• stressful life events maybe associated with exacerbation of schizo symptoms and increased rates of relapse
  16. past psychological theories
    • no longer creditiable
    • poor parent child relationship and dysfunctional family systems are not at center of cause. pyshosocial theories probably developed early on out of lack of information r/t a biological connection
  17. epidemiology
    • affects 1% of the population
    • equal in men and women
    • accounts for 20% of all hospital bed days
    • accounts for 50% of all psych bed days
    • peak ages of onset:
    • men: 15-25 yrs
    • women: 25-35 yrs
  18. development of schizo
    • phase I- schizoid personality (permorbid phase)
    • phase II- prodromal
    • Phase III- active
    • phase IV- residual
  19. Phase I- premorbid phase
    • social maladjustment
    • antagonistic thoughts and behaviors- annoying
    • shy and withdrawn
    • poor peer relationships
    • doing poorly in school
    • antisocial behaviors
  20. phase II prodromal
    • last for a few weeks to few yrs
    • deterioration in role functionning and social withdrawal
    • substantial functional impairment
    • sleep disturbance, anxiety, irritiablity
    • depressed mood, poor concentration, fatigue
    • perceptual abnormalities, ideas of reference and suspiciousness herald onset of psychosis
    • bodio- dark room, isolate, salisI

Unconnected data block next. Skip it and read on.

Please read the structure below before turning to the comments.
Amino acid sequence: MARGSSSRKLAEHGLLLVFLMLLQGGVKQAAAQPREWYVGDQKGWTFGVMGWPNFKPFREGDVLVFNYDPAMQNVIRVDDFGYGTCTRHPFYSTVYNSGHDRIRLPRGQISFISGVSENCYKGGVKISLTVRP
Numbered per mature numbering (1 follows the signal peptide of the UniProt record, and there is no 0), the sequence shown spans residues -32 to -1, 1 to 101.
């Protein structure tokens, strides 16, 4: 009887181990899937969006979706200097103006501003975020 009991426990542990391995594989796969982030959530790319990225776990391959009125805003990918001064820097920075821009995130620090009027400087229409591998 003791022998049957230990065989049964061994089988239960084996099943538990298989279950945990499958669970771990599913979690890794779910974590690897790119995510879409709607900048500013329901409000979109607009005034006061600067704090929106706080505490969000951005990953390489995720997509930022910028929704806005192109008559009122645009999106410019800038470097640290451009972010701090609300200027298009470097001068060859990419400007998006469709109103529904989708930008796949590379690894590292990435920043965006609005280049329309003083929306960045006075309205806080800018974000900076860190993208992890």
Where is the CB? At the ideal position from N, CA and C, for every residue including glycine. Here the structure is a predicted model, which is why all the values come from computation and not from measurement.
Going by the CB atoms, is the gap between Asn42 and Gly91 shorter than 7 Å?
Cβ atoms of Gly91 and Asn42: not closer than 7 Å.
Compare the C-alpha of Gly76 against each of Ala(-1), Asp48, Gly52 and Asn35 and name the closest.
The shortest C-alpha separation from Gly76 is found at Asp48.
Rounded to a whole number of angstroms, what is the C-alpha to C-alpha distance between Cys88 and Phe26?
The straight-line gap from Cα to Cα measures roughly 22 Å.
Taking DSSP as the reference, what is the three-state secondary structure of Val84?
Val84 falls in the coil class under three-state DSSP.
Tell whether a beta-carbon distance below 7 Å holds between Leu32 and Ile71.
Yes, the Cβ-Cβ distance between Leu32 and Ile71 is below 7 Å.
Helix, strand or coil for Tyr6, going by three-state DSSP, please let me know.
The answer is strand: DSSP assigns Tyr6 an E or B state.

21. Phase III active
    in the active phase of the disorder, pyschotic symptoms of prominent: delusions, hallucinations, impairment in work, social relations, and self care
  22. phase IV residual
    • symptoms similar to those of the prodomal phase
    •  flat affect and impairment in role functioning are prominent
  23. Prognosis
    • a return to premorbid is not common but some factors can lead to a more positive prognosis and better quality of life
    • such as:
    • tx compliance (especially medications)
    • late or sudden disease onset (later age)
    • gender female do better (hormonal protections?)
    • better pre illness funtioning good premorbid functioning
    • minimal cognitive impairment
    • paranoid or more positive symptoms
    • family hx of mood disorders versus shizo
  24. value of early tx
    • interval between symptom onset and 1st tx correlates with speed and quality of initial tx responses and severity of negative symptoms
    • Pts treated soon after being diagnosed are more likely to respond more quickly and fully than those who do not begin drug treatment until later in disease
    • early meds- can reduce the loss of  brain matter